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News • Early detection

Blood-based methylation test offers promising data on lung cancer detection

In-vitro diagnostics company Universal Diagnostics (UDX) announced promising new data for its investigational blood-based lung cancer test.

The data, presented at the IASLC 2020 World Conference on Lung Cancer hosted by the International Association for the Study of Lung Cancer (#WCLC20), held virtually 28th-31st January 2021, used methylation status measurement of the tumour-derived portion from cell-free DNA (cfDNA) in plasma for patient classification. Results of the study show the potential of the test to detect different lung cancer sub-types early, with high sensitivity and specificity, and indicate the potential of using blood-based screening for wider population regardless of the smoking-status of the patient.

“These initial results from our lung cancer test study are promising, particularly for detecting cancer at the early stages. With current methods for lung cancer screening being limited, with the majority of patients being detected too late, we believe there is a significant opportunity to improve outcomes for lung cancer patients using a simple and accurate blood-based test for early detection through mass screening,” said Juan Martínez-Barea, Co-Founder and President of Universal Diagnostics. “We will now build on these preliminary results and plan to move forward with test development, including starting clinical sample collection studies and further improving the panel and its performance. Beyond this, the results demonstrate our ability to leverage our technology for other cancer tests.”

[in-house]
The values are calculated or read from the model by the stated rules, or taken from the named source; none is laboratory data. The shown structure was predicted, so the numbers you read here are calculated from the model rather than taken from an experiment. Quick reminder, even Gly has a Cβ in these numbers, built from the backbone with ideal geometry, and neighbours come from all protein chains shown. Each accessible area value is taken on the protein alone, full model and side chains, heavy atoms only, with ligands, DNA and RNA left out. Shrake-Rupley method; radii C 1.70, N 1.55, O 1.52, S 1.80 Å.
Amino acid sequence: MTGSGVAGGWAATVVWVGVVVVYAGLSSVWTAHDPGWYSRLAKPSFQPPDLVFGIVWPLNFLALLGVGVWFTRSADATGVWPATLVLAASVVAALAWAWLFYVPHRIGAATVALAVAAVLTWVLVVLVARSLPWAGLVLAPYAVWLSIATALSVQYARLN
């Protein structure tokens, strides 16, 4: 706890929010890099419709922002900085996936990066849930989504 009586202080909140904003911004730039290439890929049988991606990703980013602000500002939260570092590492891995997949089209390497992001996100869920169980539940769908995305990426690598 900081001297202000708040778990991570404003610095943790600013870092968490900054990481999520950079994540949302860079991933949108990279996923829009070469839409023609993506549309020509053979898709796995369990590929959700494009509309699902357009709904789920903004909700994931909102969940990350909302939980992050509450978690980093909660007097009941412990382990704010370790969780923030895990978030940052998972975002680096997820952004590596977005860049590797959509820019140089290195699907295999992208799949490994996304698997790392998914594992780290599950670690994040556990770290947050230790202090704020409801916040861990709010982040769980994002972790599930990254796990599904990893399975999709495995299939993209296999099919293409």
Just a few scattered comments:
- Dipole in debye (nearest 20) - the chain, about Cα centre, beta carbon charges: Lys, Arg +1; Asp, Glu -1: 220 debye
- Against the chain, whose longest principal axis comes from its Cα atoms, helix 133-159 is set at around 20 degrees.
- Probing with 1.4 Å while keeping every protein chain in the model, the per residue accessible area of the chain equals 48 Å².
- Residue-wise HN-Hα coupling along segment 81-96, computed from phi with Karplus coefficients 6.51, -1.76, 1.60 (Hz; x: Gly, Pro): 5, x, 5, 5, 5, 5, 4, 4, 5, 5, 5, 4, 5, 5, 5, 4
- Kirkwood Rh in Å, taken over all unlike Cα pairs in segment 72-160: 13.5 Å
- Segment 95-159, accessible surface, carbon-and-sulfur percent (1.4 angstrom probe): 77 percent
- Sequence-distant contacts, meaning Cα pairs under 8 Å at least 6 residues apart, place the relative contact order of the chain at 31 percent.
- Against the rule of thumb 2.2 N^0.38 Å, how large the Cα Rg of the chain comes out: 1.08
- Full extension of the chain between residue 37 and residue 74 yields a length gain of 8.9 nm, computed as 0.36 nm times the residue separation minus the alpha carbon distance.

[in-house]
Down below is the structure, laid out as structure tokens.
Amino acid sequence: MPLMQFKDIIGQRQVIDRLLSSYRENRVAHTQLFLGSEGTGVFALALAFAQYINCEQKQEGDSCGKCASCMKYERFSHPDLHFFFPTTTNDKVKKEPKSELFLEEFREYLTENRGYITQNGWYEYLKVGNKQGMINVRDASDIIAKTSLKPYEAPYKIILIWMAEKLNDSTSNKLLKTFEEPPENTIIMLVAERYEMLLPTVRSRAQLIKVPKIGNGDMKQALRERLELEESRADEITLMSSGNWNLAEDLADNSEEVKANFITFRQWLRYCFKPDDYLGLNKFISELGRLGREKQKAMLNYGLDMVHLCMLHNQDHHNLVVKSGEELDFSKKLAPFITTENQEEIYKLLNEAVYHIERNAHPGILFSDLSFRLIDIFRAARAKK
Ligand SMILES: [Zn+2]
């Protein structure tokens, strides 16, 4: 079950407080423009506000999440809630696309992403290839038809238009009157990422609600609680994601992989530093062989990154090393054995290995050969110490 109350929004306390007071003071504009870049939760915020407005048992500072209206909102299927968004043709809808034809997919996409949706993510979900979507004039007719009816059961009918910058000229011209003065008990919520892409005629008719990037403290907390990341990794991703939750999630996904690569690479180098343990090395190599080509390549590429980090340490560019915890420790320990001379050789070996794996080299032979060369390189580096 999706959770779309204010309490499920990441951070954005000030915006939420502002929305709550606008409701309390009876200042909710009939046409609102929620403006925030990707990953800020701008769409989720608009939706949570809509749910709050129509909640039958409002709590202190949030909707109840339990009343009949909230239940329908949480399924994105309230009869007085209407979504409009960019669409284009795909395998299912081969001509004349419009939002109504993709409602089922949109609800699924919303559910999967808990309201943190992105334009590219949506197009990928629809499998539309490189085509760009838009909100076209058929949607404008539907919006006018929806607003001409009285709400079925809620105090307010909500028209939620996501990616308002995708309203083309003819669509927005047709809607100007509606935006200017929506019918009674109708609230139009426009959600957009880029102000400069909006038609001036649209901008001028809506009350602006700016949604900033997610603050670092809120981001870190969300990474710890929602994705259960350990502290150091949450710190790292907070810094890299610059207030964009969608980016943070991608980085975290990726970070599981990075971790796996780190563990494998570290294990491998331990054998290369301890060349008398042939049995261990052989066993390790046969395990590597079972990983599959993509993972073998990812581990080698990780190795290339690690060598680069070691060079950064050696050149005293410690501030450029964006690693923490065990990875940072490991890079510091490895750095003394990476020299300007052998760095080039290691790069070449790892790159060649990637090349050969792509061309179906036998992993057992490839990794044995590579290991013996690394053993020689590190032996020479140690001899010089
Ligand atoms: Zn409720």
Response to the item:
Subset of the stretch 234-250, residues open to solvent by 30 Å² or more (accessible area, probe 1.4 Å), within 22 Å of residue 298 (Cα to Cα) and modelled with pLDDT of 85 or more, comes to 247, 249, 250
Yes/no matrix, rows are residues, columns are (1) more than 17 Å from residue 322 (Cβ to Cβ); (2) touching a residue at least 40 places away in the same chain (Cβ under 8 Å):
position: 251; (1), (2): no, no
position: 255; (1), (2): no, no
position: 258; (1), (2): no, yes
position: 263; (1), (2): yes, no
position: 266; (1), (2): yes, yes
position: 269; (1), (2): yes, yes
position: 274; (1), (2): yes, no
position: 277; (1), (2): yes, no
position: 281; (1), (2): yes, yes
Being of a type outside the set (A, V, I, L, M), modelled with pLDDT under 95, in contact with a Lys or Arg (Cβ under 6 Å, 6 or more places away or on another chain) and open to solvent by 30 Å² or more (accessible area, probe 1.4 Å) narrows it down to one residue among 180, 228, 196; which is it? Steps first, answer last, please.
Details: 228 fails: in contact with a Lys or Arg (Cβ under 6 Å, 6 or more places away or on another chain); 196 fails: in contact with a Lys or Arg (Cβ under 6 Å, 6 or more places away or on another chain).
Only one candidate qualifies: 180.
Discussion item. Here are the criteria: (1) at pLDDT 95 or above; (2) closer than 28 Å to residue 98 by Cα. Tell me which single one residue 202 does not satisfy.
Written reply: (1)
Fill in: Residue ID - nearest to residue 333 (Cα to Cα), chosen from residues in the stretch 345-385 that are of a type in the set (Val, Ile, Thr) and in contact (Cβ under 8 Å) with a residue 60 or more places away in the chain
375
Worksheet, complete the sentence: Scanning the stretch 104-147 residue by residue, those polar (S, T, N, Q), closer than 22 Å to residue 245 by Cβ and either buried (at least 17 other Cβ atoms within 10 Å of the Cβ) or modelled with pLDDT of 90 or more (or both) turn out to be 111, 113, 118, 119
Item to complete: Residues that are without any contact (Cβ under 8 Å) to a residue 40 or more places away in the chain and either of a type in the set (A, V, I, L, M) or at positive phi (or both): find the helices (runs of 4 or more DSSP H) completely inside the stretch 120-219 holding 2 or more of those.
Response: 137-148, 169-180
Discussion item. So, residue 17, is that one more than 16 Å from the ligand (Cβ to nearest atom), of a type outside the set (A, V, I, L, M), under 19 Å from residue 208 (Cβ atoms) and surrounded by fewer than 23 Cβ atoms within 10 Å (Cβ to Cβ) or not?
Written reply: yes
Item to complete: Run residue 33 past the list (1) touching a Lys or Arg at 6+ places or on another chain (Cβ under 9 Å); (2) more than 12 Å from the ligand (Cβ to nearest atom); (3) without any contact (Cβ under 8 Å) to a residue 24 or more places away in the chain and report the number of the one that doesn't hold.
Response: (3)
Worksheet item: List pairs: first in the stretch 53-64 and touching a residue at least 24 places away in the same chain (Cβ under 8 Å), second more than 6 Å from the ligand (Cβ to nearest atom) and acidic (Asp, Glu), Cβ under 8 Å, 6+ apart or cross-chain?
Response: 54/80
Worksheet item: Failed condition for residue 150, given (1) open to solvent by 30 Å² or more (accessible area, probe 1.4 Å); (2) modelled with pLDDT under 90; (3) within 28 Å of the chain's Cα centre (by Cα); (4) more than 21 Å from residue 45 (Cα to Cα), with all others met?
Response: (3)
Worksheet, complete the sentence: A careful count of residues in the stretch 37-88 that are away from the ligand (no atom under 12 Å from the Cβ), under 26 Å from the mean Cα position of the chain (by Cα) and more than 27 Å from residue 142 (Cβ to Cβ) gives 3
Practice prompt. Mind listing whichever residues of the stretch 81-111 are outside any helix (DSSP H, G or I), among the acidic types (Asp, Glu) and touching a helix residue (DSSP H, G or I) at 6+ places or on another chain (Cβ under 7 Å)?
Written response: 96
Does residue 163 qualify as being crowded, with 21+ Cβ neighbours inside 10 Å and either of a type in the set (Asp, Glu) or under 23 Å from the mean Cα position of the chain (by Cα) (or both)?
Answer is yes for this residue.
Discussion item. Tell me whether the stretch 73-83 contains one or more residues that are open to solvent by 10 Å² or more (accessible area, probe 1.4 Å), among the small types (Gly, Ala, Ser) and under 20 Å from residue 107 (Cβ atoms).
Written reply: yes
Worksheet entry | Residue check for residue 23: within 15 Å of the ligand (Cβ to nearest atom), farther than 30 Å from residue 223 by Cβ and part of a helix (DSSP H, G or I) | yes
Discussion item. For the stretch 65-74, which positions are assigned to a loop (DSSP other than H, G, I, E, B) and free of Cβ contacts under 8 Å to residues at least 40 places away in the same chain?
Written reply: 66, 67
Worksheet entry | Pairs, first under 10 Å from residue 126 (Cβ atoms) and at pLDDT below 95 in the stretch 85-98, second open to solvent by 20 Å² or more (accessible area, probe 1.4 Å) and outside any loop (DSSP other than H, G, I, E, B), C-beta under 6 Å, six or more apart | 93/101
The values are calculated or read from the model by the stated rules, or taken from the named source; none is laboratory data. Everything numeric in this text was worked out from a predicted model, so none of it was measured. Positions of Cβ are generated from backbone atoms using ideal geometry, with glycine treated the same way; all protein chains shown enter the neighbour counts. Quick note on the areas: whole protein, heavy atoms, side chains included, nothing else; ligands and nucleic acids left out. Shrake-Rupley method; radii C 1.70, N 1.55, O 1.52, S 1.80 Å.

In the study (P46.06 – “Cell-Free DNA (cfDNA) Methylation Assay Allows for Early Detection and Identification of Lung Cancer”), plasma samples of 37 lung cancer patients and 71 asymptomatic age, gender and smoking-history matching controls were assessed using UDX’s 10 methylation marker panel. The panel exhibited good lung cancer detection potential, with sensitivity for detecting lung cancer of 73% (27/37) at 90% (64/71) specificity. A total of 82% of adenocarcinoma (9/11), 80% of squamous cell carcinoma (8/10), 73% of small cell lung cancer (8/11) and 40% of other rare lung cancer subtypes (2/5) were correctly identified. Notably, the sensitivity for stage I cancers was 73% (11/15).

Source: Universal Diagnostics


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